An emergency regulation will postpone the opening of the Lower Fly Fishing Area on the Salmon River from September 15th until October 31st the New York State Department of Environmental Conservation (DEC) announced today. The intent of the emergency regulation is to ensure that adequate numbers of salmon enter DEC’s Salmon River Hatchery in order to provide eggs for salmon stocking that supports Lake Ontario and tributary fisheries. Due to unusually warm water temperatures and low water flow, DEC is concerned that unintentional fishing mortality of Pacific salmon could impact egg take operations and result in fewer fish for anglers in future years.
The quarter mile section of the Salmon River that comprises the Lower Fly Fishing Area is located immediately downstream of the Salmon River Hatchery and upstream of the County Rt. 52 Bridge in Altmar. The upper boundary of the area is just downstream from Beaverdam Brook. This location is a staging area for various species of fish, including Chinook and coho salmon, as they prepare to enter the hatchery via Beaverdam Brook.
Flows in the Salmon River are partially maintained through controlled releases from the Salmon River Reservoir. Under normal conditions, water releases from the reservoir are regulated through a Federal Energy Regulatory Commission (FERC) license intended to provide year-round minimum or “base” flows to the lower 18 miles of the Salmon River accessible to trout and salmon returning from Lake Ontario to spawn. In a typical year, base flows are increased on September 1 from summer level (185 cubic feet per second (cfs)) to fall level (335 cfs). However, the recent drought conditions have left the reservoir at a near historic low level (14 feet below dam crest on September 5, 2012) with no significant rain in the forecast. As a result, the executive committee of the Salmon River Flow Management Team agreed to conserve water in the reservoir by eliminating several high volume whitewater releases and delaying the transition from summer to fall base flow. Without these actions, there was a strong potential to deplete reservoir water by mid-October, based on current precipitation levels.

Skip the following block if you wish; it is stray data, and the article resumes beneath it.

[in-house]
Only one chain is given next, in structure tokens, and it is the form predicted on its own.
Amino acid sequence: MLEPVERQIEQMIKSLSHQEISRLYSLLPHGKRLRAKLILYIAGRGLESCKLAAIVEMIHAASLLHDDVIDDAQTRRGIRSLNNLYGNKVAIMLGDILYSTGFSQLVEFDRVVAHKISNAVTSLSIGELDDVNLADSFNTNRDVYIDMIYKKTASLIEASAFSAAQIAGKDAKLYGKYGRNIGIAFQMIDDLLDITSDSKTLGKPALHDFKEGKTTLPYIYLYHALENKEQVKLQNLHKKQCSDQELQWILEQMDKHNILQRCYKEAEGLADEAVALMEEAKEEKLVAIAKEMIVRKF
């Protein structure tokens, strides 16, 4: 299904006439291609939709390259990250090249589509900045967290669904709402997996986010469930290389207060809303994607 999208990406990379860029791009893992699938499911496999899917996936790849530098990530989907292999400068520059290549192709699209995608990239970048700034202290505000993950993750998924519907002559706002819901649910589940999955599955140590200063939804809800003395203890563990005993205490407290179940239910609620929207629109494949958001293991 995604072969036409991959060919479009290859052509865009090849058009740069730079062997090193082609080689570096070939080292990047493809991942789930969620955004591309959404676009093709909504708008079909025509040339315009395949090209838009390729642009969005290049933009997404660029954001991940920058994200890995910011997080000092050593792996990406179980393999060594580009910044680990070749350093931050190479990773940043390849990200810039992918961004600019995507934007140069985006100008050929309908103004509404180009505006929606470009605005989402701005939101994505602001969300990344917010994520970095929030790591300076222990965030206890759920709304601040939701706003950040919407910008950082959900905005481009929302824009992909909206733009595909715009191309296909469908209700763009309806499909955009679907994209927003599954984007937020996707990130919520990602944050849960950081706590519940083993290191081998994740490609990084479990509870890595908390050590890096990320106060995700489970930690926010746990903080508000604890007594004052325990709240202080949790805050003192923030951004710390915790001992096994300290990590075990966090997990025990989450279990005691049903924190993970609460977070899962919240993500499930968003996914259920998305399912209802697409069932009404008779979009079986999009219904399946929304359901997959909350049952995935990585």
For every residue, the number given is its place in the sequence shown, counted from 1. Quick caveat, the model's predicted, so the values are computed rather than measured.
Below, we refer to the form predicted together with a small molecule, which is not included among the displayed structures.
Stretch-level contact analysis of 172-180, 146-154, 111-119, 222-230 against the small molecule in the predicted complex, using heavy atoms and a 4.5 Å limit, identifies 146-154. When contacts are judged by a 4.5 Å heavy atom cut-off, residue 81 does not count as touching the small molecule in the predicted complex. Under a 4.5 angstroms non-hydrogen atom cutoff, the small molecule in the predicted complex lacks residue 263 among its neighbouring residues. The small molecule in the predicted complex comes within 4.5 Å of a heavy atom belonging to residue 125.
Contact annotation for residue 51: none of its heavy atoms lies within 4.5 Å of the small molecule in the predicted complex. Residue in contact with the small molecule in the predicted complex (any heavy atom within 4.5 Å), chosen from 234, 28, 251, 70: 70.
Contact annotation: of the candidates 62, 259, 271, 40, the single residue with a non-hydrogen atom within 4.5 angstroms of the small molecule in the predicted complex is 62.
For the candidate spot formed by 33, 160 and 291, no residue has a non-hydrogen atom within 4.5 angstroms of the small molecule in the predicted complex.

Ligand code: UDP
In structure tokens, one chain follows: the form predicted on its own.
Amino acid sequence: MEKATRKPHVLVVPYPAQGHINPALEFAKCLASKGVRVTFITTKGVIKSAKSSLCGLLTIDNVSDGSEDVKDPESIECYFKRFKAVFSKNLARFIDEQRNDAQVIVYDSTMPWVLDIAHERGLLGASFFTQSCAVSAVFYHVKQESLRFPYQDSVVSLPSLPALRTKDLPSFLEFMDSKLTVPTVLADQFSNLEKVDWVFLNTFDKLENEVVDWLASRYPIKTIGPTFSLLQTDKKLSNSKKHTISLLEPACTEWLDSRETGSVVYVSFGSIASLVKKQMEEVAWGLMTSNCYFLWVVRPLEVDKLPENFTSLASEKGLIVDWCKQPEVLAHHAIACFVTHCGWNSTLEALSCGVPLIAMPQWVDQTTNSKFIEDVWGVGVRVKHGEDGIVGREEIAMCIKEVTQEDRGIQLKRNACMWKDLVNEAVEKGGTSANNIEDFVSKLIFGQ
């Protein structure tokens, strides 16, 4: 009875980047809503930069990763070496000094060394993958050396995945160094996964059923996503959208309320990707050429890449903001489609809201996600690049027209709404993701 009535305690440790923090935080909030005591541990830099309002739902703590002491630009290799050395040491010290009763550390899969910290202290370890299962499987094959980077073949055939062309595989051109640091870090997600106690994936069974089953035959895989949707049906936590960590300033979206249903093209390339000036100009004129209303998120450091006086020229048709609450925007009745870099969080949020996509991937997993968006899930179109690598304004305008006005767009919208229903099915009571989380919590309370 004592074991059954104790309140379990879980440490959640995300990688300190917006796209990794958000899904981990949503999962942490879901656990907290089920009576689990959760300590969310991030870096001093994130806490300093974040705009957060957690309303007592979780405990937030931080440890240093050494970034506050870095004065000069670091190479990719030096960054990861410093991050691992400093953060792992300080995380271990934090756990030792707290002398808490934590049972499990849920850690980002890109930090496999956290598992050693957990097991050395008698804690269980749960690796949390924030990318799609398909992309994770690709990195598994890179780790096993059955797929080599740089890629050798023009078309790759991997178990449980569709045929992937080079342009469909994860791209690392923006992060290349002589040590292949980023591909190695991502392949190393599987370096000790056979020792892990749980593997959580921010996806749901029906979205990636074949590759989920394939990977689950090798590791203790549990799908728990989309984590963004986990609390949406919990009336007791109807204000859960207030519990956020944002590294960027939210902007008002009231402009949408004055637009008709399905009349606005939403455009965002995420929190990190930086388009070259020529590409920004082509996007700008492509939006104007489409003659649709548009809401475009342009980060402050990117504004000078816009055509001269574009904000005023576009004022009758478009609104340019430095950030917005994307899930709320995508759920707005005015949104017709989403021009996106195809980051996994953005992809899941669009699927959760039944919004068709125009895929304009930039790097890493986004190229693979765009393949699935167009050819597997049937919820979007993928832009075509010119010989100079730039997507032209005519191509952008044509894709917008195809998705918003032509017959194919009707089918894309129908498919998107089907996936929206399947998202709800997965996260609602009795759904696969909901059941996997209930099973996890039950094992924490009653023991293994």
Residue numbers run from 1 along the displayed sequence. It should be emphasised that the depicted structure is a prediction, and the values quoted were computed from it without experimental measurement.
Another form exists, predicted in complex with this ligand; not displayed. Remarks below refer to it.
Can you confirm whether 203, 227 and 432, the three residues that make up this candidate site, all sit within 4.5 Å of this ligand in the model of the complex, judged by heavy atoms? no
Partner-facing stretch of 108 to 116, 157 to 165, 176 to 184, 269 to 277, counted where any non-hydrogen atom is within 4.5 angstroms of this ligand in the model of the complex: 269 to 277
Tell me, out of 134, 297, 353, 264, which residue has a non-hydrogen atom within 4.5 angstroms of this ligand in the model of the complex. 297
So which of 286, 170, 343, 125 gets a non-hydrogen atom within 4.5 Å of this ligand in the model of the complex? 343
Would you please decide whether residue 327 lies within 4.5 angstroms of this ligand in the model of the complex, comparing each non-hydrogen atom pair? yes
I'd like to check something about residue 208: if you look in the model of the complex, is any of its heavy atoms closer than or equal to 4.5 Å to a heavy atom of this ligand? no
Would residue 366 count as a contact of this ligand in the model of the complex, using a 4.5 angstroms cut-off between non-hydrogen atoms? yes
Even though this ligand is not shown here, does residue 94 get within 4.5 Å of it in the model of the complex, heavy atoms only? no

Should salmon returns to the hatchery be inadequate, DEC has developed a contingency plan to secure additional salmon eggs from other Lake Ontario tributaries, including the Black River and Orwell Brook. Further information on this regulation can be obtained by contacting the DEC’s Cape Vincent Fisheries Station at firstname.lastname@example.org or call 315-654-2147.
Image courtesy New York DEC